Meat Price Predictions for 2017

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meat price predictions 2017

Save Money By Purchasing These Meats

Earlier this month, the USDA Economic Research Service (ERS) released its latest forecast for the coming year. According to their expert predictions, beef and pork prices will continue their downward trend in the new year. Conversely, they estimate that poultry prices will continue to rise.

Conditions that Lead to Price Drops

In the case of both beef and pork, conditions surrounding production have improved drastically over the past few years. Beef and veal prices, which the USDA ERS predicts will drop 1-2% next year, are trending downward thanks to an increased supply. Feed prices for cattle are down while improving drought conditions in Texas and Oklahoma have made it easier for ranchers to increase their herd size and production. In fact, according to USDA ERS economist Annemarie Kuhns, there is actually an oversupply of beef begin held in cold storage across the country.

Likewise, pork prices have continued to decrease over the past two years. They hit a high back in 2014 when porcine epidemic diarrhea virus (PEDv) decreased supply nationwide. That year, prices rose some 9.1% nationally. Next year, economists expect prices to drop around 1% from their current levels.

The Rising Cost of Poultry

While not drastic, the USDA ERS does expect the prices of poultry to continue to rise in 2017 by about 2-3%. This rate is consistent with the 20-year historical averages for chicken and poultry prices, which show an average rise of 2.6% YTY. According to economist Kuhns, chicken prices specifically actually dropped from 2015-2016. This was because of the effect of an avian influenza outbreak in the years before. Like the porcine industry, the past few years saw prices drop as more chicken flooded the market.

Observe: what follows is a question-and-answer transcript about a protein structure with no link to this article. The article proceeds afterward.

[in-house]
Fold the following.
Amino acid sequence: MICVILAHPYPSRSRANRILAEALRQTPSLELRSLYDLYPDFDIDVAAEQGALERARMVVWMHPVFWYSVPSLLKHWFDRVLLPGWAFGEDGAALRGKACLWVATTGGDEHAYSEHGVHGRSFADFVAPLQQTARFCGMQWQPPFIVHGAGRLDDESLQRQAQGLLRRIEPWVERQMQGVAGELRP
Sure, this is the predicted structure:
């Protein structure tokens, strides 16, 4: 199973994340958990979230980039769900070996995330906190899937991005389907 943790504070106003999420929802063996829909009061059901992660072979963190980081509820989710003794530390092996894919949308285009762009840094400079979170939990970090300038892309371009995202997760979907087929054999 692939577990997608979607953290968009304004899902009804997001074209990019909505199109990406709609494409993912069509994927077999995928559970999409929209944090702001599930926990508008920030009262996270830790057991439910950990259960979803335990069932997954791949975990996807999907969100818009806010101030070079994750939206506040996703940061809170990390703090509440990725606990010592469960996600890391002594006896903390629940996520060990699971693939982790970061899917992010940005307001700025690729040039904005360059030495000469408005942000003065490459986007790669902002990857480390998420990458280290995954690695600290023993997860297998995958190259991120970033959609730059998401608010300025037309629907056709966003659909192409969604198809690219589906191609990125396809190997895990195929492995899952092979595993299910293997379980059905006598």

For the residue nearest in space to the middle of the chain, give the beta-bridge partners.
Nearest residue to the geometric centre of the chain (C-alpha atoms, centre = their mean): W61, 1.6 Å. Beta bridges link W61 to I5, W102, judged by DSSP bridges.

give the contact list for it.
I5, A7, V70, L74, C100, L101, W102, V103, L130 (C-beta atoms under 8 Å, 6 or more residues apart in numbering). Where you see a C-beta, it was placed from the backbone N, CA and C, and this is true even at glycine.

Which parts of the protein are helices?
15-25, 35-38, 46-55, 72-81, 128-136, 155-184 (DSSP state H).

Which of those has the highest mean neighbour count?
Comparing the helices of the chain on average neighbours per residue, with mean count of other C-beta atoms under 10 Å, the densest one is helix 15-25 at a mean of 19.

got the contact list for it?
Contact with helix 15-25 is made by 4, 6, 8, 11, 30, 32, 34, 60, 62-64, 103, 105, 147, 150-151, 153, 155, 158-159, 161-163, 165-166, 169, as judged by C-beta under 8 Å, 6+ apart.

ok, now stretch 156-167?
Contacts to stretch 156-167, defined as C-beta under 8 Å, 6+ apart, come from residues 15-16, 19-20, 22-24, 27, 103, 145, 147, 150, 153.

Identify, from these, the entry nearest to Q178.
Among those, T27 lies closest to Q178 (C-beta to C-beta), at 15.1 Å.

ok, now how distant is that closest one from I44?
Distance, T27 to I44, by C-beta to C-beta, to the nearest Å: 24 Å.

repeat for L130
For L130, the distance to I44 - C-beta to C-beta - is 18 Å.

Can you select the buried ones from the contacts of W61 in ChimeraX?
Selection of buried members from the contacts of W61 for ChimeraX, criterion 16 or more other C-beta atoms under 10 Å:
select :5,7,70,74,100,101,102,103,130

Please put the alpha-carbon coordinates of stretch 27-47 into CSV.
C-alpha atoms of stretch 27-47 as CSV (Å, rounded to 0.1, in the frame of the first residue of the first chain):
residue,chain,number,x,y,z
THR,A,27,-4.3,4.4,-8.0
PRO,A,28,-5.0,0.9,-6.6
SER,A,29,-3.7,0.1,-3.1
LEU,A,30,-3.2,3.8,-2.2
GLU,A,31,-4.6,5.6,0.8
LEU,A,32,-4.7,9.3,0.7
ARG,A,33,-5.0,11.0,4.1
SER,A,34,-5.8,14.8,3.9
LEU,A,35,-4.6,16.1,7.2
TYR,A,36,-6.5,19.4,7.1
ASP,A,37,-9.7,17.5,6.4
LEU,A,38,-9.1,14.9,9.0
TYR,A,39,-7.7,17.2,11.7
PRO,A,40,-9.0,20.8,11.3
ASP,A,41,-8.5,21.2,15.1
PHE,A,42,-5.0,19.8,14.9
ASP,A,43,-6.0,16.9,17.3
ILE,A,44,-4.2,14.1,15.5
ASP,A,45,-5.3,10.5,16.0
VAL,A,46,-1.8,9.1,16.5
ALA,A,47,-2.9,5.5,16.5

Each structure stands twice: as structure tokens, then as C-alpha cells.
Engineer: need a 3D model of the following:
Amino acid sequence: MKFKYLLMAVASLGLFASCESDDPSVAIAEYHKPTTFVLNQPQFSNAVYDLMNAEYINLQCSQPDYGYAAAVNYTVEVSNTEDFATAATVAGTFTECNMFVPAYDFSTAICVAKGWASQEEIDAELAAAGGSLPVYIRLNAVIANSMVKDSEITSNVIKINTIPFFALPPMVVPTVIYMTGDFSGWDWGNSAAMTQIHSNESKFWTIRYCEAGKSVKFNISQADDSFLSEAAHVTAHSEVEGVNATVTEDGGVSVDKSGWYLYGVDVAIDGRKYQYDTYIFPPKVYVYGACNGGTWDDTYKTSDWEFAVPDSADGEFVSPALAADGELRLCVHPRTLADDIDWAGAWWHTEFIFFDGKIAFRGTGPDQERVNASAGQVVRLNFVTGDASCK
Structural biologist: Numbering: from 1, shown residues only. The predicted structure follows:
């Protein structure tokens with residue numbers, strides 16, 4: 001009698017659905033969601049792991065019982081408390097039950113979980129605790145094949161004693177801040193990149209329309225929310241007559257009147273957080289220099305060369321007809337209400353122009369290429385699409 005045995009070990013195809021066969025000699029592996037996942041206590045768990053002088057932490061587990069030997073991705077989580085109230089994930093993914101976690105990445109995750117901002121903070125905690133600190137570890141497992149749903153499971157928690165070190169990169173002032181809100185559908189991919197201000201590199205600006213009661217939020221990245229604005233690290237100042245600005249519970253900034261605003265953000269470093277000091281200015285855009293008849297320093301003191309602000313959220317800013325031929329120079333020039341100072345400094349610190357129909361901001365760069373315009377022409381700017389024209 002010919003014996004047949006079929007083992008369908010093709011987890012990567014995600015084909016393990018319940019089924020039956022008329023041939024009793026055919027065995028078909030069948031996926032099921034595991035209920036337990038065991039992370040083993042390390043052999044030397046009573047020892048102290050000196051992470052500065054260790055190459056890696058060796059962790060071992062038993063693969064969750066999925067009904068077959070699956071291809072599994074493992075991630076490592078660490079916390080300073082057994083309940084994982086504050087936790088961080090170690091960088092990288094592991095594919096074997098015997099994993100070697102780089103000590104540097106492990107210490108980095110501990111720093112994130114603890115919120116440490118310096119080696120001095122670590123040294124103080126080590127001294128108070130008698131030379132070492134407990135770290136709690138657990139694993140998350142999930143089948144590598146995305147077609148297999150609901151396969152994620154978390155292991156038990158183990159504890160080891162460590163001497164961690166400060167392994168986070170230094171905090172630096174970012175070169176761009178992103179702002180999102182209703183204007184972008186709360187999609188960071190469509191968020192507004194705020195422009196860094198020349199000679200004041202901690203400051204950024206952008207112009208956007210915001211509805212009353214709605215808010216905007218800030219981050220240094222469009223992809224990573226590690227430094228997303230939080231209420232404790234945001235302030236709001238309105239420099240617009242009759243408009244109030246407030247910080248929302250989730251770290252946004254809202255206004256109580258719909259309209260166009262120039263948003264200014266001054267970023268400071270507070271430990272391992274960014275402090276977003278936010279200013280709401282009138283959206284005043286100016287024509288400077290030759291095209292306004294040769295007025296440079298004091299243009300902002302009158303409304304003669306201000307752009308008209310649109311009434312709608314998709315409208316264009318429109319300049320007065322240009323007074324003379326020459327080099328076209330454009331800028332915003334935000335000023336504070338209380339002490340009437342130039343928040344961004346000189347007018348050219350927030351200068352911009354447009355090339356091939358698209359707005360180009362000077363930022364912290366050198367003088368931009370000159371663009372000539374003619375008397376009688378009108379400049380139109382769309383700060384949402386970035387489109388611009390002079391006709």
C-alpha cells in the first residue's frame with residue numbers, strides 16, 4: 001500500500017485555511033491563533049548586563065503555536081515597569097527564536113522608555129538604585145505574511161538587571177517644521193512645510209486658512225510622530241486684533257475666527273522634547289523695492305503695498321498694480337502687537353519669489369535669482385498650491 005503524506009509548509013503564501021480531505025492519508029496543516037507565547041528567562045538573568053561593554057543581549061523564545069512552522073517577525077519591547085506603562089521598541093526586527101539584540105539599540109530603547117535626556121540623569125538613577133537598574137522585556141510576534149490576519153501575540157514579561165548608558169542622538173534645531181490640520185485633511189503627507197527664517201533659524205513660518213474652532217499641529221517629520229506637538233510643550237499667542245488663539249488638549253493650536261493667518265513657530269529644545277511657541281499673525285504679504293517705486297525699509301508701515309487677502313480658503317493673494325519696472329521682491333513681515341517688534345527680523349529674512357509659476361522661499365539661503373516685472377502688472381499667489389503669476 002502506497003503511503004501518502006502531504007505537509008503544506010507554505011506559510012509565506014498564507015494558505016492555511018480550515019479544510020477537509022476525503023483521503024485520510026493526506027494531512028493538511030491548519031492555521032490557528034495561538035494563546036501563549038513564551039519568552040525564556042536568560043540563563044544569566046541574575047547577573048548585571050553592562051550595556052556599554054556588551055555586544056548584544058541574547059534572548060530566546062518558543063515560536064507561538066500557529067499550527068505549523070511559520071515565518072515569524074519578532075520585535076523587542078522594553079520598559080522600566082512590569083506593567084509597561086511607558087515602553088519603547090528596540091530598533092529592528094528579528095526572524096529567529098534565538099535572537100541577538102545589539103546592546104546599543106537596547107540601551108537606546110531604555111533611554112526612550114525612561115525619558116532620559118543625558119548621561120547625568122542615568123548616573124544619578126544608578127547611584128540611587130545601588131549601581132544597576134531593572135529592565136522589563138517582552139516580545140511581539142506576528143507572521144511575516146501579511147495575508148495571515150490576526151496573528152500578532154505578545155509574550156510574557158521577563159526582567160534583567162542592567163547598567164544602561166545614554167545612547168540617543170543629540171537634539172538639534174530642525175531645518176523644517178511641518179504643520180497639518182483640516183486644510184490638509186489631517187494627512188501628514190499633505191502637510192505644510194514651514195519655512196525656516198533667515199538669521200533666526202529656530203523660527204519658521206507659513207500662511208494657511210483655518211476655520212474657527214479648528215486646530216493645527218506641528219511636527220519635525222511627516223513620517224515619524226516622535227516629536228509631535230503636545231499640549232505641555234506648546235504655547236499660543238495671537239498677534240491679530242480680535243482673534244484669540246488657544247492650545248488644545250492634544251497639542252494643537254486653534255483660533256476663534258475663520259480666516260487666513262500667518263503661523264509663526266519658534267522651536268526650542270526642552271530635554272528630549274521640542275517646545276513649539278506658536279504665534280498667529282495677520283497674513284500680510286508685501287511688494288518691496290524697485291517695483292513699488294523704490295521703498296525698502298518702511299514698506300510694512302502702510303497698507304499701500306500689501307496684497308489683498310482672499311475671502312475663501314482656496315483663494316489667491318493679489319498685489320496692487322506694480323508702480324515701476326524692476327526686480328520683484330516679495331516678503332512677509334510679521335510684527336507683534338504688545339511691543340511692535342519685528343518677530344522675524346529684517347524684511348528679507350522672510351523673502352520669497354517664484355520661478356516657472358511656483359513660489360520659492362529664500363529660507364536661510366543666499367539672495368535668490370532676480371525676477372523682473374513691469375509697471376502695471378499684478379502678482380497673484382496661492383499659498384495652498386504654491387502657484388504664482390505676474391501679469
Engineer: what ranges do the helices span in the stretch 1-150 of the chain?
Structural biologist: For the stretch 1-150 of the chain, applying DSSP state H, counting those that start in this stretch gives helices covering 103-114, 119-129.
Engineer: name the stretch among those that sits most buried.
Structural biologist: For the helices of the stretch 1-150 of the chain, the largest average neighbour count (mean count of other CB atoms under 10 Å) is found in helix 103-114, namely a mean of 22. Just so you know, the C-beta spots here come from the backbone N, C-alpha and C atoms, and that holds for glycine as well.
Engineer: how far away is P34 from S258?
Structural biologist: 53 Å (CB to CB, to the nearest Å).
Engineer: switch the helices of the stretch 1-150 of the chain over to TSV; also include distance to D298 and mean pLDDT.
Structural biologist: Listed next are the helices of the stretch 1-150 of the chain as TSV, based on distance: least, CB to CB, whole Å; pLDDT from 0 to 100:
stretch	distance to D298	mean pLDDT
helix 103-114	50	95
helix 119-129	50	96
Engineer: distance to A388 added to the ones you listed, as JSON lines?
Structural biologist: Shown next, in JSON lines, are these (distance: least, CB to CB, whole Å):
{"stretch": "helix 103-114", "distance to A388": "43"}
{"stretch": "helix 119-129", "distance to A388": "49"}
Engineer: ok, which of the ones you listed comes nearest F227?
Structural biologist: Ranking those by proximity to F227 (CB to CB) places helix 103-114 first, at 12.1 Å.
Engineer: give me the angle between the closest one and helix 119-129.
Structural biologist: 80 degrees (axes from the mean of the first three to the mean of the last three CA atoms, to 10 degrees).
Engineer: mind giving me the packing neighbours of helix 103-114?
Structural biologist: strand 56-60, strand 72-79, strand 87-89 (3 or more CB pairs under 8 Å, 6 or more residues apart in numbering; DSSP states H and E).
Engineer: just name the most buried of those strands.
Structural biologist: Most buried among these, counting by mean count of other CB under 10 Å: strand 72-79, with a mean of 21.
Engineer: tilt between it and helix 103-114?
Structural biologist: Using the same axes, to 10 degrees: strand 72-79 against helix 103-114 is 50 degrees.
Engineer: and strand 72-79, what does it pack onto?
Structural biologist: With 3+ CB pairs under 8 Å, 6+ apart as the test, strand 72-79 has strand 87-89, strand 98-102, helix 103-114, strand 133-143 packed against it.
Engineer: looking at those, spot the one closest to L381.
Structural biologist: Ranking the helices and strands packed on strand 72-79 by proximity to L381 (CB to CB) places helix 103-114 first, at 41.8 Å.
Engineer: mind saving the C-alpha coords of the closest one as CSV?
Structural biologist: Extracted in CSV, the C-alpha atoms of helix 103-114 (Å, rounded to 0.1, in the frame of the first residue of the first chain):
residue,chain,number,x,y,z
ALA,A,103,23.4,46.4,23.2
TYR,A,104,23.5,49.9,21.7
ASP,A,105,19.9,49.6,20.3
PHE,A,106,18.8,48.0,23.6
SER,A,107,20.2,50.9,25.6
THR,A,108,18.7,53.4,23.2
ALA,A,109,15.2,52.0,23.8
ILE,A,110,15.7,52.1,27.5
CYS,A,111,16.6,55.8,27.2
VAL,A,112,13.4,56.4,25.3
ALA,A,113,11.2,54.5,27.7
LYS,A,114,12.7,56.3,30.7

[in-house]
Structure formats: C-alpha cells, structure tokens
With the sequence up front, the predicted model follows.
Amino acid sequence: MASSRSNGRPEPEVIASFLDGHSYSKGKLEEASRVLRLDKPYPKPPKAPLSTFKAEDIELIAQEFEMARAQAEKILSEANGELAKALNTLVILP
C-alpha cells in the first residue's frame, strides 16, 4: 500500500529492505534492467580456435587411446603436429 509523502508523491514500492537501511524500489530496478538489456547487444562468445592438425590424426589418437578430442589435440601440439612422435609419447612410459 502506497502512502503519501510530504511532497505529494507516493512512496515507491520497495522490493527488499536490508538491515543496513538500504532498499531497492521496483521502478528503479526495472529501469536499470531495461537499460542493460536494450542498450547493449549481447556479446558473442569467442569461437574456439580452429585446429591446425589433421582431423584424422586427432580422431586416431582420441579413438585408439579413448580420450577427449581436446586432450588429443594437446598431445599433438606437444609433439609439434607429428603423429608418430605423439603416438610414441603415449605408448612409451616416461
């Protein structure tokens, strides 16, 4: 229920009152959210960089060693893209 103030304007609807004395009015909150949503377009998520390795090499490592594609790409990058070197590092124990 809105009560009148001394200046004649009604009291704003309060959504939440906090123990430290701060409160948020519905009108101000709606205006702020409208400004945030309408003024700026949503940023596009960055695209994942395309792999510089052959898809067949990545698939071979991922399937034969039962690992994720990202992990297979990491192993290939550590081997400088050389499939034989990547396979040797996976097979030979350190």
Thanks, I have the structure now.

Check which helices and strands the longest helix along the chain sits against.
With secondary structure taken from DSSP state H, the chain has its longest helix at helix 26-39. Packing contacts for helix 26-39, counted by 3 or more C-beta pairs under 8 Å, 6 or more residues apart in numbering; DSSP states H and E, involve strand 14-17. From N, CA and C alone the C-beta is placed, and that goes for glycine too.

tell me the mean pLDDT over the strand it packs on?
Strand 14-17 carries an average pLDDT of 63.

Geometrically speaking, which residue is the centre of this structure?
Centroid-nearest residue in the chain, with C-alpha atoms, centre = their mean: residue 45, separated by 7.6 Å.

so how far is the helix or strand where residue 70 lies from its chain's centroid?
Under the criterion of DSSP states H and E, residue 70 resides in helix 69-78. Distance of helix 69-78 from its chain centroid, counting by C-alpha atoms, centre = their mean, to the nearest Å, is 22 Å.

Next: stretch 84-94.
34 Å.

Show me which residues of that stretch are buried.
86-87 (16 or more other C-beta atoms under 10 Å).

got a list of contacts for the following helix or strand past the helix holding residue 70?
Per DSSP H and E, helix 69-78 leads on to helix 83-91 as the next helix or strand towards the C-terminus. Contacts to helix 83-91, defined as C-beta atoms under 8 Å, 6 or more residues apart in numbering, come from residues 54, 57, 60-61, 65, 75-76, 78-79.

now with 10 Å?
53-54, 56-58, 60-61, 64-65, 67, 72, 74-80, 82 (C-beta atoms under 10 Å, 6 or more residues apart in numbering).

Meat Prices and Meal Planning in 2017

As anyone on a strict food budget knows, meal planning is one of the most efficient ways to save money. And while small price increases of 1-3% may not affect buying any one package of meat, it adds up significantly over time. In fact, the USDA predicts that overall food prices, not just meat, will experience a similar jump.

They stated in this last report that they expect a 1.5%-2.5% increase to food prices overall in 2017.

It is also important to note that a number of factors can change these predictions. First, the USDA assumes that regions that produce meat will experience normal weather conditions. Therefore a major national disaster can drive prices up substantially. In addition, disease outbreak is another major factor in supply and therefore price. The best way to track these changes is to look at the USDA monthly forecast for each industry instead. You can find that here.